The following Trusts and Inheritance Tax guidance note Produced by Tolley provides comprehensive and up to date tax information covering:
Liability for UK inheritance tax depends on a person’s domicile. In contrast to other taxes such as income tax, capital gains tax and corporation tax, liability to IHT is not primarily determined by residence in the UK (although, a person’s domicile status may be informed by their residence status). This note explains how domicile is determined for IHT purposes and how it affects the liability to tax.
All references to spouse include a civil partner.
An individual who is UK domiciled or deemed domiciled will be subject to IHT on all their worldwide assets, while an individual who is not UK domiciled will be liable to IHT only on assets located in the UK. Non-UK assets to which an individual domiciled outside the UK is beneficially entitled are excluded property for the purposes of UK IHT and will not be included in the individual’s chargeable estate.
See the Excluded property and situs of assets guidance note.
Transfers of UK assets from a UK domiciled spouse to a non-UK domiciled spouse are chargeable to IHT once they have exceeded a lifetime limit. This is in contrast to the unlimited exemption which applies to transfers between spouses where the donee spouse is UK domiciled. The lifetime limit has been £325,000 since 6 April 2013 and it is expected to remain in line with the level of the nil rate band in the future. Non-UK domiciled spouses have the option of electing to be treated as UK domiciled, which means that they gain a total exemption on property transferred from their spouse instead of being subject to the lifetime limit.
See the Transfers to a non UK domiciled spouse or civil partner guidance note.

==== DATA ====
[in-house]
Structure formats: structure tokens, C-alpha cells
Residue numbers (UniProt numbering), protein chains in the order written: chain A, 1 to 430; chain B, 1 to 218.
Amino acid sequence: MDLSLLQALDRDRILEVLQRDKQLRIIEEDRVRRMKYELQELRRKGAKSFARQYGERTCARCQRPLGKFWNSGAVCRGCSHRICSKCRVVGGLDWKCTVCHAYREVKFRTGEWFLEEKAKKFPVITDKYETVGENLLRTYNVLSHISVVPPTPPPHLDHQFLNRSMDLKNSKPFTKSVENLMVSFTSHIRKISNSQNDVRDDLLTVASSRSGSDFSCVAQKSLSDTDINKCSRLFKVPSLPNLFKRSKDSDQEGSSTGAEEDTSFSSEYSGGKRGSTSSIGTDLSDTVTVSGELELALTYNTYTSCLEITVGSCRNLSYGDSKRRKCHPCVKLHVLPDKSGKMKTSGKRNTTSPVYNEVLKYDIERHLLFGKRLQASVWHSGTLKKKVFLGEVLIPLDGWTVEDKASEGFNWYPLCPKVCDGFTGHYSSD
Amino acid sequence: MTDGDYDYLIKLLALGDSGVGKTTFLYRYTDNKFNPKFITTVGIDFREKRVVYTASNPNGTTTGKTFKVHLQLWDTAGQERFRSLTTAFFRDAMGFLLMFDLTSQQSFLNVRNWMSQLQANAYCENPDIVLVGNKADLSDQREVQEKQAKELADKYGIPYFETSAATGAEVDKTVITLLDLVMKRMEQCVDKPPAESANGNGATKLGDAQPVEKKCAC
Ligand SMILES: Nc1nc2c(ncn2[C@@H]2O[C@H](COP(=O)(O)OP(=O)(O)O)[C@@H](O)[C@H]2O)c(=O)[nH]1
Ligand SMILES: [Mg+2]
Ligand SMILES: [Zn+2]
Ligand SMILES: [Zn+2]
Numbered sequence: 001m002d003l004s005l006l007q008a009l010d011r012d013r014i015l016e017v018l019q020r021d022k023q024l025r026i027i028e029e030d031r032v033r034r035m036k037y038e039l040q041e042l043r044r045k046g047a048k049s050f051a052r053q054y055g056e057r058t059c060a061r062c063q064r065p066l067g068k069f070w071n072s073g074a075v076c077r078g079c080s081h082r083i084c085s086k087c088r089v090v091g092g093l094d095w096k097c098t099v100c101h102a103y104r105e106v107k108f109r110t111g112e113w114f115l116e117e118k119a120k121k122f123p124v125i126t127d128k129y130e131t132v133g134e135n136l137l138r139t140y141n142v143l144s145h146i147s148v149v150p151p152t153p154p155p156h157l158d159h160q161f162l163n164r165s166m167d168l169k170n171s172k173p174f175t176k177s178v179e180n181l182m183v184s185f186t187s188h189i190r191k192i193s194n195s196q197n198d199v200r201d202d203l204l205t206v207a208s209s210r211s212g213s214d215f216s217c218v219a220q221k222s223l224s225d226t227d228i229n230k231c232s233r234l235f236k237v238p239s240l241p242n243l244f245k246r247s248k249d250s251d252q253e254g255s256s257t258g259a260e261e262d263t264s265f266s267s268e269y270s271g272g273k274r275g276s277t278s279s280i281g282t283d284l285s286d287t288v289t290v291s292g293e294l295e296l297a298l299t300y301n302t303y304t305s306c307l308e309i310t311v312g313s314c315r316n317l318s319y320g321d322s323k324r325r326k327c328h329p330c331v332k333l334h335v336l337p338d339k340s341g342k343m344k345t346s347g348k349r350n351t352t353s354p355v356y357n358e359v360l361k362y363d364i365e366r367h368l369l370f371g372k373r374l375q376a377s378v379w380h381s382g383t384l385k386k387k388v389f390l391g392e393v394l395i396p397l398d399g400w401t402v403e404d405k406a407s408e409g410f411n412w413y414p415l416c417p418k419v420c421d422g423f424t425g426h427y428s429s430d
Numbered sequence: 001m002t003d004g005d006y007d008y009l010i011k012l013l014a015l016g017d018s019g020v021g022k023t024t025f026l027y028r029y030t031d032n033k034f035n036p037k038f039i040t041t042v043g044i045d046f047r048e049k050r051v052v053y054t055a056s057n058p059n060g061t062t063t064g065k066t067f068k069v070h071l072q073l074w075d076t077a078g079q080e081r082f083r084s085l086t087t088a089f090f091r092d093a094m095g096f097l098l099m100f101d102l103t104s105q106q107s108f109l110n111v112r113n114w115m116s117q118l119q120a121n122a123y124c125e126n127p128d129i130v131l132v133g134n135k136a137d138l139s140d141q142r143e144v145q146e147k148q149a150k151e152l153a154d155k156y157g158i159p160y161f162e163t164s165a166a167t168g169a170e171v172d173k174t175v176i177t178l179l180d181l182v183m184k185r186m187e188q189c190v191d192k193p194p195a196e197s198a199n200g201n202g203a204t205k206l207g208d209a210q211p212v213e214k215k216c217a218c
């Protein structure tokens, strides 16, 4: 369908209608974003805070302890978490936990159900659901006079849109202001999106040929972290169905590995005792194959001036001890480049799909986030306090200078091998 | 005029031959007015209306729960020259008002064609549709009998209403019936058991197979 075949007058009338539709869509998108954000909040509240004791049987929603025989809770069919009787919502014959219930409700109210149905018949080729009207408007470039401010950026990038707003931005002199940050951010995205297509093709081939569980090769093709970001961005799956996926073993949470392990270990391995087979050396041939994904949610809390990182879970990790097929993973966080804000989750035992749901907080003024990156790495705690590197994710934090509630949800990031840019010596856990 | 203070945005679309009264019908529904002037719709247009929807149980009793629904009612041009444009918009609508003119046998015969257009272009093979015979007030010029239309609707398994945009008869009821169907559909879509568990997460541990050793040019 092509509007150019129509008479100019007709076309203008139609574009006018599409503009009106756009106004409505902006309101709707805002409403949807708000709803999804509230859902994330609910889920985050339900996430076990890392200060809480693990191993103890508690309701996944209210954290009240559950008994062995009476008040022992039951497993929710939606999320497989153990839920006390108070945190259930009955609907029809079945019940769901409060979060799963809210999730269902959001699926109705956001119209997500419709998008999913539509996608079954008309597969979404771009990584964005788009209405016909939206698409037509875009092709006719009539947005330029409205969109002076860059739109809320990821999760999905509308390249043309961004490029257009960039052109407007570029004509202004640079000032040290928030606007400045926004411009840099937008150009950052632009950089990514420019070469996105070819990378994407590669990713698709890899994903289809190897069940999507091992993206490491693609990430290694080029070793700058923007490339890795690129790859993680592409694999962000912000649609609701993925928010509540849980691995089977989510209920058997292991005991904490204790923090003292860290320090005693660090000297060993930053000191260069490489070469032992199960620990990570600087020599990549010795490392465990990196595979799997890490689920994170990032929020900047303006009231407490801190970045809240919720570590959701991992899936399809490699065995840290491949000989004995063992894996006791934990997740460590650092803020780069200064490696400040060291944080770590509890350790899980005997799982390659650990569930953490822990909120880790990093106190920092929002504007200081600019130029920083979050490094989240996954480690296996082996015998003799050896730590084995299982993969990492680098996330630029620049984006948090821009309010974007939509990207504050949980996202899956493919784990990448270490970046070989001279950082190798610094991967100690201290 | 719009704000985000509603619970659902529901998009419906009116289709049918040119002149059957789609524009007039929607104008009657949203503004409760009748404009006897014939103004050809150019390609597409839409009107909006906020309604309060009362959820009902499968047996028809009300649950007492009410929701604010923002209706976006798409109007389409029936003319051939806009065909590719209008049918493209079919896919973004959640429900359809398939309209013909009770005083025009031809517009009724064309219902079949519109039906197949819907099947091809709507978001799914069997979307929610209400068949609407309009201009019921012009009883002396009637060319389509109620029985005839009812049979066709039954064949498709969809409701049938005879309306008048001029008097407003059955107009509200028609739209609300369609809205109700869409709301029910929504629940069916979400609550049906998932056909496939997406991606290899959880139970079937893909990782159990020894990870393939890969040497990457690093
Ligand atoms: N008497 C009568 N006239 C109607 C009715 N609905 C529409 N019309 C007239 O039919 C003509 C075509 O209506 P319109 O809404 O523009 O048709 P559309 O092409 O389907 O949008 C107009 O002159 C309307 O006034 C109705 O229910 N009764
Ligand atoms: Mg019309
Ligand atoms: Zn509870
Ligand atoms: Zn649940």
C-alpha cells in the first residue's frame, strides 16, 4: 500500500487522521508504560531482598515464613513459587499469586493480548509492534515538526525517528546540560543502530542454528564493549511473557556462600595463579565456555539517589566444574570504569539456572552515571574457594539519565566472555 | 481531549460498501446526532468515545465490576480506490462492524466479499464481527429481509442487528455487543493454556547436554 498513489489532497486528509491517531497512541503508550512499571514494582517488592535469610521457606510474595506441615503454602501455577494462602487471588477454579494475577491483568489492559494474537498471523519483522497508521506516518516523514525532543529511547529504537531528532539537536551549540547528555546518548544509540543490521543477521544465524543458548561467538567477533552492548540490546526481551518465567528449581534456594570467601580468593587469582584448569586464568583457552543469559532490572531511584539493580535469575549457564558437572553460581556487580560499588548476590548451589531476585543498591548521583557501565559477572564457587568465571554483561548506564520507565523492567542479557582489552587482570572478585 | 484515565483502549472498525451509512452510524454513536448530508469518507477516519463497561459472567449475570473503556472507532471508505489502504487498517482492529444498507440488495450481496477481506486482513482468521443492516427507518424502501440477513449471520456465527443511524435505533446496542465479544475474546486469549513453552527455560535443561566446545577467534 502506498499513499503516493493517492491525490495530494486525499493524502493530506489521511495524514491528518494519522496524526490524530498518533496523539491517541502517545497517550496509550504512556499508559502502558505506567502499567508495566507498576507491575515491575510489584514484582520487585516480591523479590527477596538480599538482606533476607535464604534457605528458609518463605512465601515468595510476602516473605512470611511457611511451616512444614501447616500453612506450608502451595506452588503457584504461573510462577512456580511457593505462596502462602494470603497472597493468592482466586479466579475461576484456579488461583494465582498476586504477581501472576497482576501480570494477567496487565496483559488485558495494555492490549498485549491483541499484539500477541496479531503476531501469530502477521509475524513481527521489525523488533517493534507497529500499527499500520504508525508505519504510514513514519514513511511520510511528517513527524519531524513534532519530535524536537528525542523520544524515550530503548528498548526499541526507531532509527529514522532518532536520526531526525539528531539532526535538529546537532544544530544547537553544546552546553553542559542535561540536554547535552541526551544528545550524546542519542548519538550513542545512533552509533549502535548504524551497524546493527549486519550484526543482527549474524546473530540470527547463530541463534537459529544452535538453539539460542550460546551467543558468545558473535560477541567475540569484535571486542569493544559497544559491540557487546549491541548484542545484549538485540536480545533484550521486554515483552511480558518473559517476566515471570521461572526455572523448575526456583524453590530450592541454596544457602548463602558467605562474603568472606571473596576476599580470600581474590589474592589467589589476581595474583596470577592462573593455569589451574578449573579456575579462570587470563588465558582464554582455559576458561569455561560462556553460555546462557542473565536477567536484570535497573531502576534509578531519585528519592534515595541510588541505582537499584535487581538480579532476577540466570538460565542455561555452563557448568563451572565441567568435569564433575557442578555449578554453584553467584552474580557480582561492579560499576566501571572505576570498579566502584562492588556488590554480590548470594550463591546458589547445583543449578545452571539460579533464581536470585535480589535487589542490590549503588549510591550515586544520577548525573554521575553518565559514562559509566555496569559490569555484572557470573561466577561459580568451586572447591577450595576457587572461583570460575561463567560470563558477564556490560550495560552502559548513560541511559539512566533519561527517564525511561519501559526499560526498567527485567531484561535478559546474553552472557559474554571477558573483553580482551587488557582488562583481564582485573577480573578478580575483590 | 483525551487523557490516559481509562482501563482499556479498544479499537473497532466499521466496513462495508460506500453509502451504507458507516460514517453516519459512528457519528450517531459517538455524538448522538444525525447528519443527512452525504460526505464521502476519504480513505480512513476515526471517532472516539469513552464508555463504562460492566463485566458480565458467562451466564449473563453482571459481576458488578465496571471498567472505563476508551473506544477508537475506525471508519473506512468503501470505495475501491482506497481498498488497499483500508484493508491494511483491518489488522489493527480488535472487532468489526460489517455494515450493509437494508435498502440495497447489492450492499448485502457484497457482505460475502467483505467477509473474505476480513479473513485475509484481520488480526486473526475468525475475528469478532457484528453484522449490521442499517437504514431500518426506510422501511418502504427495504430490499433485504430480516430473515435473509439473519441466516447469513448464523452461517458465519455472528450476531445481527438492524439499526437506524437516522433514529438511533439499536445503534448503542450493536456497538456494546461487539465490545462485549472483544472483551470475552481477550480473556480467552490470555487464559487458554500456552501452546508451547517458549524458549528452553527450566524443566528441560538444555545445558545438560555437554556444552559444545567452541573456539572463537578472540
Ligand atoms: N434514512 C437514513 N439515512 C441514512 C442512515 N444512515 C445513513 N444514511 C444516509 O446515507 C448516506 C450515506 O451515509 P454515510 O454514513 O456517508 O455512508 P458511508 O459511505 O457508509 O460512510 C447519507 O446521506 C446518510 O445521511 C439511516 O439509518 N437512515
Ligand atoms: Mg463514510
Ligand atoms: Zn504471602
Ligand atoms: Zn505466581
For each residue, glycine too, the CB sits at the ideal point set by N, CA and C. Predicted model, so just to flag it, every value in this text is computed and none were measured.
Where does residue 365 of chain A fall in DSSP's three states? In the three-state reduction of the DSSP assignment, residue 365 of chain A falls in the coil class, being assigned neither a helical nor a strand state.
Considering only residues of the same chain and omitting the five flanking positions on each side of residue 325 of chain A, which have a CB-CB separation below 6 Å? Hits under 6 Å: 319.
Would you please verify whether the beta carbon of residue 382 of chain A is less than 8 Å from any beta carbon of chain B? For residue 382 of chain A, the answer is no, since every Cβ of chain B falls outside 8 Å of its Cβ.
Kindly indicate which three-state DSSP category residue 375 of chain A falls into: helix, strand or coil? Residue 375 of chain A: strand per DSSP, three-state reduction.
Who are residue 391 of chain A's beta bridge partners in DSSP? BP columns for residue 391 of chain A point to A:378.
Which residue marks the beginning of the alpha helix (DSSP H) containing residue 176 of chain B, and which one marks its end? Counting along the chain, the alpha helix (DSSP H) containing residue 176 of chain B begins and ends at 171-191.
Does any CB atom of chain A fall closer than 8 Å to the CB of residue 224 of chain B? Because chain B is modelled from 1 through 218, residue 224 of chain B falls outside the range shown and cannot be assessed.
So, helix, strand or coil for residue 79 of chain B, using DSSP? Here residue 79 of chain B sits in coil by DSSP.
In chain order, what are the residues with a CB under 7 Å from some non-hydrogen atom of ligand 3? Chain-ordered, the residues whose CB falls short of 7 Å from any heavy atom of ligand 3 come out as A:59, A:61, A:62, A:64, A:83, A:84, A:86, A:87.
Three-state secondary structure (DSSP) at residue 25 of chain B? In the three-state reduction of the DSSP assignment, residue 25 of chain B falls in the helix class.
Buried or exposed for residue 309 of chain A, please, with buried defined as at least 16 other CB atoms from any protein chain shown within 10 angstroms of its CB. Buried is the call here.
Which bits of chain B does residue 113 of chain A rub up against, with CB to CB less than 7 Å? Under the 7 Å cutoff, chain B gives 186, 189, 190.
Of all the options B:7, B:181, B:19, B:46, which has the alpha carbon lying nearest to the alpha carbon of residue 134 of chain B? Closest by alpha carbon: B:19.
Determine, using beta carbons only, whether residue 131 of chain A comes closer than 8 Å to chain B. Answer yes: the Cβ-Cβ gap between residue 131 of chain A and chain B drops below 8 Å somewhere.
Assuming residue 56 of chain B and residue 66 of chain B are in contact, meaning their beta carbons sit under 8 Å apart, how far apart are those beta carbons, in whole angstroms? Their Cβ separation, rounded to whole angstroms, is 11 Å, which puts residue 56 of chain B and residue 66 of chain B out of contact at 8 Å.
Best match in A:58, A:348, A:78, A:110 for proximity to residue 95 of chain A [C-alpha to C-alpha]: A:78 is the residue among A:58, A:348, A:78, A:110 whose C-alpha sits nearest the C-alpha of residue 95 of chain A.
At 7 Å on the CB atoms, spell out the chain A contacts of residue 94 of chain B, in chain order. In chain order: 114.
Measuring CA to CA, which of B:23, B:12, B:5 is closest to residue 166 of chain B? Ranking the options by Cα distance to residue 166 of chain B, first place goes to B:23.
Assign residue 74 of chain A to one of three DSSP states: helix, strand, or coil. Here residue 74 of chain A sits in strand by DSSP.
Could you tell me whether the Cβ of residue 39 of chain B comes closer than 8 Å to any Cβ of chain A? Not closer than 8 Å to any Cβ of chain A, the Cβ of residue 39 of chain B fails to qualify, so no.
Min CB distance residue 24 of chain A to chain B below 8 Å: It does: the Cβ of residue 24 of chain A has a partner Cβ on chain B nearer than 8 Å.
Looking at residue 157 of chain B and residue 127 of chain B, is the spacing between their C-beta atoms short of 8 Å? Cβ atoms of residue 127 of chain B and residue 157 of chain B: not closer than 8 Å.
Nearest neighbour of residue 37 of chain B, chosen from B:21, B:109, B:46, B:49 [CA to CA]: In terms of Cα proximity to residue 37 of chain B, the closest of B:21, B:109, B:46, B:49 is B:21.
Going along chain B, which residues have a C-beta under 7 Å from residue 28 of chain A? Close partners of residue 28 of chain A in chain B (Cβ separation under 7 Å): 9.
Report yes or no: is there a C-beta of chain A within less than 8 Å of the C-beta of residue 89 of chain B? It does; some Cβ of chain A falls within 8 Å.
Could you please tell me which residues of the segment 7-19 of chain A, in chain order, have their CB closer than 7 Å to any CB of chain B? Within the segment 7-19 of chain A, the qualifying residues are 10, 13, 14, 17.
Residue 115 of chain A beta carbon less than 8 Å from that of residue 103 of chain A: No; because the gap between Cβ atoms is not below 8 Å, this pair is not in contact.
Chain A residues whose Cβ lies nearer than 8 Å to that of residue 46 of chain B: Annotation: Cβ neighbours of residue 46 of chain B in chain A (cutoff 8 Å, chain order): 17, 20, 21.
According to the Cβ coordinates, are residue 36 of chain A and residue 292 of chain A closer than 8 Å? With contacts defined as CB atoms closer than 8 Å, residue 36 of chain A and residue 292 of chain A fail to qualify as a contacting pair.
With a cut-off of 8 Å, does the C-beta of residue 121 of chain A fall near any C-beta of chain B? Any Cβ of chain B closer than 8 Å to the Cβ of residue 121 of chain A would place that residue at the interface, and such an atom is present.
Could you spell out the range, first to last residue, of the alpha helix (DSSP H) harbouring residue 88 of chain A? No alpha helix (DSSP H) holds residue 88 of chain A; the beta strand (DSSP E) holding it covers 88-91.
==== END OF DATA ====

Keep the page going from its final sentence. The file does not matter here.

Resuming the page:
An individual may be domiciled in the UK under general law, or under the deemed domicile rules. Both of these sets of rules are outlined below. The deemed domicile rules were changed with effect from 6 April 2017. For a
**Free trials are only available to individuals based in the UK. We may terminate this trial at any time or decide not to give a trial, for any reason.
Access this article and thousands of others like it free for 7 days with a trial of TolleyGuidance.
Read full article
Already a subscriber? Login
What is an Age 18–25 trust?The special category of Age 18–25 trusts was introduced by FA 2006 to offer some compensation for the loss of old style accumulation and maintenance (A&M) trusts. The A&M regime offered exemption from IHT charges on trusts in favour of children and young adults up to the
VAT fuel scale chargesWhat are fuel scale charges?The VAT fuel scale charge is a simplified method that can be used by a business that funds both business and private mileage costs for employees to account for any output tax due on the private use of the vehicle. The charge was introduced to
This guidance note covers measures in place to allow taxpayers to defer VAT payments as a result of pressures faced due to the coronavirus pandemic.For an overview of the impact of coronavirus on VAT more broadly, see the Coronavirus (COVID-19) and VAT ― overview guidance note.See also the CIOT
Restriction of carry forward and carry back of trading lossesFollowing the extensive changes to the loss carry forward provisions introduced from 1 April 2017, the anti-avoidance rules restricting the offset of trading losses following a change in ownership were tightened up and extended.